GALILEE has a special interest, in that it was the scene of the greater part of the ministry of our Lord, and the district in which he spent nearly all of his earthly life. Nazareth of Galilee was his home up to the time of the commencement of his public ministry; and through its cities and villages he passed once and again, teaching and preaching the gospel of repentance, healing the sick, and raising the dead. To know something of this country, and the people among whom Jesus was wont to mingle, seems essential to an understanding of his life and work.

The country known as Galilee comprised that part of Palestine north of Samaria. Its boundaries, like those of the country, of which it was a part, varied at different times; but, at the largest, it was rather like a moderate county than a province. Galilee was, of old, very populous; Josephus speaks of "two hundred and four towns and villages, the smallest of them containing fifteen thousand inhabitants." Allowing something for the usual exaggeration of Josephus, it is thought that the population of the whole district cannot have been less than three million people.

Jewish writers never tire of praising Galilee as a whole. Its climate, they say, was a well-nigh perpetual spring, its soil the most fertile in Palestine, its fruits renowned for their sweetness. The whole province was, and, to some degree, still is, full of verdure, and rich in shade and pleasantness. Dense woods crowned the higher hills and mountains; the uplands and valleys were rich in pastures, cultivated fields, vineyards, olive groves, and orchards; and the rich dark soil of the plain of Esdraelon bore magnificent crops of Indian corn and wheat.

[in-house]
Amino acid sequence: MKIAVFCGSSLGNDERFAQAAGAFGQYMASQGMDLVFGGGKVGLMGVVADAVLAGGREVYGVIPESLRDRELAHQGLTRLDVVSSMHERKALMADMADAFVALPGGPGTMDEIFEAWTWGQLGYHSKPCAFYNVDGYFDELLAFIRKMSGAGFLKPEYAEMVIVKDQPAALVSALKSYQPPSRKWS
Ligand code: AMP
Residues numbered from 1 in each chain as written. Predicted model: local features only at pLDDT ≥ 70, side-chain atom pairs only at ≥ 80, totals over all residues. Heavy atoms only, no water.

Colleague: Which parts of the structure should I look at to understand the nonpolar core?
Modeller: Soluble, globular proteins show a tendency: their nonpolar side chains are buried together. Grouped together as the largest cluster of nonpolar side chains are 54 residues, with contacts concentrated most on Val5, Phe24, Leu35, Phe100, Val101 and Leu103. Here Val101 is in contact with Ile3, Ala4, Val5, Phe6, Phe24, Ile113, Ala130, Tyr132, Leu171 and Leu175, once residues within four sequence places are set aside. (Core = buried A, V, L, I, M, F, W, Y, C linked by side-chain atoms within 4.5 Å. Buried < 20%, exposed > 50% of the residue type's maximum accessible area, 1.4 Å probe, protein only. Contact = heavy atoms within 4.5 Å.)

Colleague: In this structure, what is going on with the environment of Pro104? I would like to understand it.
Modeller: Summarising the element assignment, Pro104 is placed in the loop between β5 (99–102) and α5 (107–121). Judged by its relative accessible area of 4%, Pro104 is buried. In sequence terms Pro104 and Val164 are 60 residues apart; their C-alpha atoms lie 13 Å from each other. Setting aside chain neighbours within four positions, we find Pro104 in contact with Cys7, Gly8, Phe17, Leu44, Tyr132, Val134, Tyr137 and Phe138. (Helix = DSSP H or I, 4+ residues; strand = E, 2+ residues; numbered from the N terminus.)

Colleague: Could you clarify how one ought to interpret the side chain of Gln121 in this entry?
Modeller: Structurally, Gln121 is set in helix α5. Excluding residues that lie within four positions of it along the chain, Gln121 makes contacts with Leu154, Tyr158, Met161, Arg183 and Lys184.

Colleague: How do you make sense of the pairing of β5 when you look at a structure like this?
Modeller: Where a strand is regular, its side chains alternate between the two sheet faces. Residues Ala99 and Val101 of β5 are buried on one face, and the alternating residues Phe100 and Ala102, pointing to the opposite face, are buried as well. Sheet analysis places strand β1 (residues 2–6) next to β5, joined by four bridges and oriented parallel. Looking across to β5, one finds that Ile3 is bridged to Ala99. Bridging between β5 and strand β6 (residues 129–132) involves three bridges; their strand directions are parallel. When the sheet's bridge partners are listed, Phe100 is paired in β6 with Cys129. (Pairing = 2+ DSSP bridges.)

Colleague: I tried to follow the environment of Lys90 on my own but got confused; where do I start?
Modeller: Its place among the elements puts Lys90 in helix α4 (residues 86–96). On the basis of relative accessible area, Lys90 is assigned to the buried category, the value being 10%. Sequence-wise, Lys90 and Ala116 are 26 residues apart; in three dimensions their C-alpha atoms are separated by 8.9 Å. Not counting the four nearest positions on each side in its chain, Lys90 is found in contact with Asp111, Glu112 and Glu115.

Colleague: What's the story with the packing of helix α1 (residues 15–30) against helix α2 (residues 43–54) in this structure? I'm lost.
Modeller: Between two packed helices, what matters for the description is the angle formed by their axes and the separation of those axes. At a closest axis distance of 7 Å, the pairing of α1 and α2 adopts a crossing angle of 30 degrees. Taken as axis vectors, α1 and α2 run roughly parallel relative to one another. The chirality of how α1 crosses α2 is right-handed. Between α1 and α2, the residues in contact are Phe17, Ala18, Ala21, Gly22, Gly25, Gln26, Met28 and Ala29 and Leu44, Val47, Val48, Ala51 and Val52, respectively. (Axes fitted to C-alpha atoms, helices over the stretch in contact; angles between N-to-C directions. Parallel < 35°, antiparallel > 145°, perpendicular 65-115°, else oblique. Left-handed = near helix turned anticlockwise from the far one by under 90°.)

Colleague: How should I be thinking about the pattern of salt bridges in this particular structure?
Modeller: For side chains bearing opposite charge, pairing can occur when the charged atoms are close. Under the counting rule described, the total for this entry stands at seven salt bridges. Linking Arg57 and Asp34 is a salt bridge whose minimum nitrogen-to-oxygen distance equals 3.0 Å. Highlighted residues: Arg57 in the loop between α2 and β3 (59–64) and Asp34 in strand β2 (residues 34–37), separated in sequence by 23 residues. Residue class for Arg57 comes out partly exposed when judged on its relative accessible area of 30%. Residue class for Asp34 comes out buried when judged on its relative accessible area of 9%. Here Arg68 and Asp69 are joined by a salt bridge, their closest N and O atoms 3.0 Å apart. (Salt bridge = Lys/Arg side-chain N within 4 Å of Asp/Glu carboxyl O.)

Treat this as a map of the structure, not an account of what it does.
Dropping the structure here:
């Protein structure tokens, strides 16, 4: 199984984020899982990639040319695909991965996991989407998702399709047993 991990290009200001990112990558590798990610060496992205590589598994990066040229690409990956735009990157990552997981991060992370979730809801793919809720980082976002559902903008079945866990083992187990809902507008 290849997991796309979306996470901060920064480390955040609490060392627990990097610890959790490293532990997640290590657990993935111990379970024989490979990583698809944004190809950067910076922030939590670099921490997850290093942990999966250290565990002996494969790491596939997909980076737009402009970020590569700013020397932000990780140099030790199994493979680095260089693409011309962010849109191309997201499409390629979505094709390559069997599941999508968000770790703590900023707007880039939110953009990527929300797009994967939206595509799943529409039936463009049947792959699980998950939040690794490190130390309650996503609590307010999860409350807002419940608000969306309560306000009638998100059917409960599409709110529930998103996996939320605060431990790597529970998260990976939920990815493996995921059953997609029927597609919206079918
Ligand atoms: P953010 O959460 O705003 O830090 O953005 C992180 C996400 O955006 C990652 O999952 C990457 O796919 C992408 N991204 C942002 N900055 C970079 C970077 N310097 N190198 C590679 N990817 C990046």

"Galilee was, and is also, remarkable for the beauty and variety of its wild flowers. In early spring the whole country is spangled with them, and the air is filled with their odors. Birds, too, are exceedingly numerous. The rocky banks are all alive with partridges, the meadows swarm with quails and larks, “the voice of the turtle" resounds through every grove, and pigeons are heard cooing up in the cliffs and glen-sides, and are seen in flocks hovering over the corn-fields."

The mountainous part of Galilee abounds in beautiful and picturesque scenery. Says Mr. Porter, "Forests of evergreen oak sweep round the flanks of the hills in graceful belts, and line the sides of the valleys, leaving open glades and undulating expanses of green grass, such as are seen in English parks."

On the eastern side of Galilee lies the sea of Gennesaret, or Galilee, whose shore was once thickly dotted with towns and villages. 

As might be supposed, the main products of the country were fish from this sea, and wheat, wine, and olive oil, which the whole land yielded so abundantly.

Through the heart of the country passed the most frequented route from Damascus to the Mediterranean, thus giving abundant facilities for commerce. There was doubtless more life and stir in Galilee than in Judea, which would make it a more hopeful field for the labors of Jesus. It is easy to imagine the scene in his days. Busy laborers till the vineyards, plow the fields, or dig the gardens; and on the roads and beside the hedges the blind and crippled await the gifts of passers by. In the towns everything goes on vigorously: the buyers and sellers are busy with their trades, and in the market-places laborers are hired. As evening comes on, we see the farm-servant wending his way homeward with his plow; the songs and dance of light-hearted youth on the village green are heard from a distance, and the children play and strive in the open places of the town.

From morning till night the hum of many-colored life goes on; the busy crowds have no time to think about higher things. One has bought a field and must go and see it, another must go and try a new yoke of oxen, another must needs "go a fishing," and still another has some other business, a feast, a marriage, or a burial, nearly all of them too busy to heed the words of Him who walked among them, speaking as never man spake.

K. H.